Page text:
Let me also give you an update on the project budget. In September 1998, the Finance Committee of Parliament approved additional funds, increasing the total budget to 56,9 million DKK. This was necessary as the obsolete pesticides to be collected and disposed of have increased from 540 to approximately 900 tons. Furthermore, this implies that the budget line for the disposal cost has risen from 3,3 million DKK. to 5,9 million DKK. (incl. incineration hardware, supervision and environmental auditing). Regarding the waste station, the total cost of building and running the station amounts to approximately 8,1 million DKK. You might want to reconsider your arguments in the light of this information, even if it was published already 4 months ago.

You ask me to "give the public a true cost estimate for the export option for destruction of the obsolete pesticides (without the unnecessary cost of waste station and incineration construction/retrofitting)". First of all, I have to ask, how you would organise export without the waste station. Secondly, I am not convinced that preparing a detailed cost estimate would make any difference. Your own conclusion seems to be given in advance since your point of departure seems to be that incineration is simply not an option, as "it is not acceptable that destruction technolo-gies will be chosen that will produce more POPs .... while attempting to eliminate others". You will know already that I disagree with this.

Never mind for the sake of the argument, let us consider the two options that your refusal to incinerate leaves us with:

The first is your suggestion to store the pesticides in Denmark, awaiting the development of alternative disposal methods. While this might be a relatively cheap solution, you will realise it would not be line with Danish regulations and practice. In Denmark as well as in most of die EU hazardous waste is simply incinerated in accordance with the commonly agreed rules and standards.

Your second alternative is to export the 900 tons to Denmark and dispose of them by applying ECOlogic's method. The costs of this can be estimated on the basis of the report concerning new methods of disposal sent to me by Greenpeace. The disposal costs alone would appear to amount to somewhere between 13 and 21 million DKK. (This excludes the costs related to building the ECOLogic disposal facility). This is surely a lot more expensive than incinerating the pesticides in Mozambique.

You should note that the above does not deal with the cost of transport which I think you underestimate. Your suggestion of "simply packing the waste and placing it on container ships for export to a country like Denmark" is an oversimplification of the matter and would be environmentally irresponsible. The obsolete pesticides need to be sorted and identified, repacked and secured before being stored on a containership, which by the way for safety reasons can only be done in special containers. This is one reason why the waste station is so important and necessary in any event, be it incineration in Mozambique or export to Europe.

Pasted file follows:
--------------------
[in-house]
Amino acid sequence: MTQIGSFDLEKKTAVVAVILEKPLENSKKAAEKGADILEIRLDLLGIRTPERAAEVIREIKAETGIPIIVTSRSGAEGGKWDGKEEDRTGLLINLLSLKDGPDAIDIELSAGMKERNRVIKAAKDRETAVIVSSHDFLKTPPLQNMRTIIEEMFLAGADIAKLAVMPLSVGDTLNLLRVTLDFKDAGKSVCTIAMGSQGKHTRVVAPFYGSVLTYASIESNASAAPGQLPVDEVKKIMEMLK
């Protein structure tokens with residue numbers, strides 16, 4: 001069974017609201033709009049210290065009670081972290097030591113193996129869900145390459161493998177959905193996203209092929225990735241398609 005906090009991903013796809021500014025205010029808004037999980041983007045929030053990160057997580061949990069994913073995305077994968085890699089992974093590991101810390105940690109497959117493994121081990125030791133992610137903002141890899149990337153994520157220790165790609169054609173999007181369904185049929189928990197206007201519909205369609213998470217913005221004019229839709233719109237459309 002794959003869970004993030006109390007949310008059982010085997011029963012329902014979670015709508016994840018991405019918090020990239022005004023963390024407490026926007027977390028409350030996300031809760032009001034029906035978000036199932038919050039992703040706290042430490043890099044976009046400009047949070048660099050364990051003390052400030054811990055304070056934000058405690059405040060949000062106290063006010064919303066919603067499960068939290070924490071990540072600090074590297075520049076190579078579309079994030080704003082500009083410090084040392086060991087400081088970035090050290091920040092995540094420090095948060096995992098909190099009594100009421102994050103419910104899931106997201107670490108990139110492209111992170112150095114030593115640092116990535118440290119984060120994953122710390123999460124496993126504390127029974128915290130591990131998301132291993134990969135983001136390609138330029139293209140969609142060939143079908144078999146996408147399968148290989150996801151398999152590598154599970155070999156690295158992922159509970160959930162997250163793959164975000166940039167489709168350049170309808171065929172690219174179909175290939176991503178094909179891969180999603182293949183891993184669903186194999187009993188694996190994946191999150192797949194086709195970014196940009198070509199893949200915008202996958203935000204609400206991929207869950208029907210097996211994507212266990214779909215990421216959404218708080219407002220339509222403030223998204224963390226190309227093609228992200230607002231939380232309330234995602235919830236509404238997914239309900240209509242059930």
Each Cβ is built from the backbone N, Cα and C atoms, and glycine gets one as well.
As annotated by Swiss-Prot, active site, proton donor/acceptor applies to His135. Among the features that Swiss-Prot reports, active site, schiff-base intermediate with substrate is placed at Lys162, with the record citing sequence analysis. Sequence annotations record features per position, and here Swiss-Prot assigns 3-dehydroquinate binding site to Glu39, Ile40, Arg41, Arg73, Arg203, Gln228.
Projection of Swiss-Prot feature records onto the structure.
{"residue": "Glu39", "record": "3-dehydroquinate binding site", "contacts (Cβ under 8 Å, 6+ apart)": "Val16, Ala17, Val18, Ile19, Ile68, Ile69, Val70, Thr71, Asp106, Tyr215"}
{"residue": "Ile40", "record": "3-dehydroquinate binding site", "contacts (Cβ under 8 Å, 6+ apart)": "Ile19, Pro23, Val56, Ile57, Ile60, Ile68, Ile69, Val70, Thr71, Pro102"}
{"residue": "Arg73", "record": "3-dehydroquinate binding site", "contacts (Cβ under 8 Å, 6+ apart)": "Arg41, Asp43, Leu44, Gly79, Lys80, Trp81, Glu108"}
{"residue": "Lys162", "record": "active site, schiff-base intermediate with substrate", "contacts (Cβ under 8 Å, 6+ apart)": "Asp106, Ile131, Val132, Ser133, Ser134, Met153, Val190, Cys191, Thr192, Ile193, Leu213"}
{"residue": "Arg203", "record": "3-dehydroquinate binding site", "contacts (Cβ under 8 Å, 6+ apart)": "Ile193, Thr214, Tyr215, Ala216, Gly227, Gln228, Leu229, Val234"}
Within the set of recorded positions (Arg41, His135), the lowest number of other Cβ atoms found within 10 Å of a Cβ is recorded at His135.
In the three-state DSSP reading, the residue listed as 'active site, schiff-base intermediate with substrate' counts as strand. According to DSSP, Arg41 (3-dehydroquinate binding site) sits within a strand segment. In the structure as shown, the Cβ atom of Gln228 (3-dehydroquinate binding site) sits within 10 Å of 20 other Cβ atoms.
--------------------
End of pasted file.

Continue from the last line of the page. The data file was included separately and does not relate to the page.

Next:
I am somewhat puzzled as to your opposition to building a waste station that shall enable the authorities to analyse and store hazardous waste. Why are you against Mozambique possessing a capacity to analyse its own hazardous waste?

In conclusion on this, I fail to see the logic in arguing that the costs related to a waste station and disposal are unnecessary as they are in fact unavoidable.

The bottom line is that during our debate over the last eight months we have gone through the same arguments again and again. No new, solidly documented (in terms of environmental, technical and financial aspects) and internationally accepted disposal methods have been introduced. The alternatives presented e.g. in the report from Greenpeace are interesting, and I note that FAO call them "promising new developments". However, "promising developments" are not good enough when it comes to dealing with the problems of Mozambique today. What is needed is |a well established and tested way of disposal that allows effective and swift handling of the problem at hand, and that poses no risk to the people in Mozambique. As I have said before, Danida can and will not use a technology which has not been approved by the relevant authorities of this country, and which does not have a proven record of performance. Incineration is the only reasonable solution which has been presented so far.

To refuse Danida to assist Mozambique in getting rid of a major risk in a way which lives up to the standard for incineration in the EU while at the same time trying to avoid such problems in future by co-operating on the introduction of cleaner technologies certainly is a clear example of the best becoming the enemy of the good. This is still a reasonable way of characterising the high pitched opposition you continue to mount against the project.

Yours sincerely,

Mr. Poul Neilsen
Minister for Development Cooperation